Is mechanically good at IIT Hyderabad

Electrodes for supercapacitors made from corn husks

When processing maize, the pods are generated as waste. Instead of simply burning them as before, they could also be put to good use. Researchers at the Indian Institute of Technology in Hyderabad have now used it to produce material for electrodes in supercapacitors.

With a population of almost 1.4 billion, India has an enormous need for food, for example made from corn. According to the World Food Organization FAO, the country produced around 28,980,000 tons in 2019. The pods (technically lisel leaves or lysies) are incurred as waste. Currently, the majority of it is incinerated as its potential to transform into valuable electrode material is not being used due to a lack of awareness, expertise and technology.

Researchers at the Indian Institute of Technology (IITH) in Hyderabad have developed a simple and inexpensive process for extracting activated carbon from corn husks as an electrode material for high-voltage supercapacitors. This would also create a whole chain of additional earning opportunities for corn farmers. According to analysts, the global market for supercapacitors is growing at an average annual rate (CAGR) of 12 percent to an expected $ 720 million in 2025.

The research was carried out by Dr. Atul Suresh Deshpande, Assistant Professor at the Chair of Materials Science and Metallurgy at IIT Hyderabad, in collaboration with Dr. T. N. Rao, Deputy Director of the International Advanced Research Center for Powder Metallurgy and New Materials (ARCI), Hyderabad, together with her two students M. Usha Rani and K. Nanaji. Her research detailing the synthetic process and the electrochemical performance of the material produced was recently published in the Journal of Power Sources.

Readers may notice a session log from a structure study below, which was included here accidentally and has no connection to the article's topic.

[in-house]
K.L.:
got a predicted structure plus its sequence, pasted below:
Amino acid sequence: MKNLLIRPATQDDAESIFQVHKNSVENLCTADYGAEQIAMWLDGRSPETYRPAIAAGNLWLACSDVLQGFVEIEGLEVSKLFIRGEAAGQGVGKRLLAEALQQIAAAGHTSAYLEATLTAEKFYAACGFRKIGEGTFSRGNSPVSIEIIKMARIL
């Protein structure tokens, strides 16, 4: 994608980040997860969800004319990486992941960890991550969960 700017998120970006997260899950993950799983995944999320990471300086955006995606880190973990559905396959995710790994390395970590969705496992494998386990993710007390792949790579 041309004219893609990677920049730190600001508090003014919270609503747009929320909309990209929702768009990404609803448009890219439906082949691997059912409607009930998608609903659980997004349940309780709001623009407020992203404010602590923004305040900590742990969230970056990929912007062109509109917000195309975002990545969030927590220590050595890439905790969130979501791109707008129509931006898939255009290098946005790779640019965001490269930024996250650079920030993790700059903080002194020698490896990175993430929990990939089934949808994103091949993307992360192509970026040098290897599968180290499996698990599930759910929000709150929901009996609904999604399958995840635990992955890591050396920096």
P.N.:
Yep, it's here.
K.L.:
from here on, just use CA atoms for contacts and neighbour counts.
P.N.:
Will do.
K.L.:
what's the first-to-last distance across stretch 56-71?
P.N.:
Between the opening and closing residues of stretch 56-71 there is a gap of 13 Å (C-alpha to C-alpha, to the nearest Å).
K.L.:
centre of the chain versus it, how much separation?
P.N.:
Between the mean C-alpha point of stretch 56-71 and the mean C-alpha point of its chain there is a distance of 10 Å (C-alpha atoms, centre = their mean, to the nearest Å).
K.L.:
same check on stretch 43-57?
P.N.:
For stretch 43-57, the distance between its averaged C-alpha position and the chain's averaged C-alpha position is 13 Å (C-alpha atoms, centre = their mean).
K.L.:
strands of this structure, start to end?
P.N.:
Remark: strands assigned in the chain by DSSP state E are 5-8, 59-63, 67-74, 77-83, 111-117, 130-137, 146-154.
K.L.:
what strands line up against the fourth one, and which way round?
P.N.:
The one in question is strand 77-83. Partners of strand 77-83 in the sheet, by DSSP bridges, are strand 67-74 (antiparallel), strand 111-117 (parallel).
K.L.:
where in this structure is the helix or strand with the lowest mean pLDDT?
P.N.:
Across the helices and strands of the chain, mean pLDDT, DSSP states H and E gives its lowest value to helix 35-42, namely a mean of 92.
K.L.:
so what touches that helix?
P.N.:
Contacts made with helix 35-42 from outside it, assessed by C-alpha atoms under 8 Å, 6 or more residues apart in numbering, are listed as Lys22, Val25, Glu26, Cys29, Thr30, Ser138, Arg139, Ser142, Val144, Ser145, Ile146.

Carbon-based electrodes play a crucial role in the development of energy storage devices. As a rule, these electrodes are made from expensive, high-purity raw materials such as polymers, organic precursors and high-purity gases using various processes. In contrast, producing carbon electrodes from biomass is a simple and uncomplicated process. Dr. Rao commented: “Activated carbon from natural sources is a very promising electrode material for supercapacitors. So used the renowned Maxwell company[now part of Tesla; Note d. Red.] activated carbon from coconuts in their components. "

© Journal of Power Sources

With this simple and scalable process, the activated carbon for the electrodes of supercapacitors is produced from the corn husks.

In order to obtain activated charcoal with a large surface area and a porous layer-like morphology from corn husks, the researchers added potassium hydroxide (KOH) as an activating agent. This creates a layered morphology. The interplay of morphology and high specific surface (1378 m² / g) increases the storage capacity of the activated carbon electrode material. The storage capacity of the activated carbon was measured using a high voltage electrolyte (1M tetra-ethyl-ammonium-tetrafluoroborate (TEABF4) in acetonitrile (AN)) tested. This showed a higher electrical performance (20 Wh / kg or 681 W / kg) at 1 A / g than with electrodes in conventional supercapacitors. The specific capacity is 80 F / g and it is characterized by good cycle stability. After 5000 cycles at 2 A / g, the capacity is still 90 percent of the initial value.

Dr. Rao added: “The main scientific challenge in this research is to design the pore size of activated carbon with a large surface area and a pore size that allows the ions of the electrolyte to be absorbed by the pores as well as possible, which in turn leads to a high capacity. The group at the IITH, in cooperation with the ARCI, has succeeded in converting corn husks into high-performance activated carbon for supercapacitors. Since a large amount of maize hulls is waste, the corresponding process technology is also scalable. "

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elektroniknet, Maxwell Technologies SA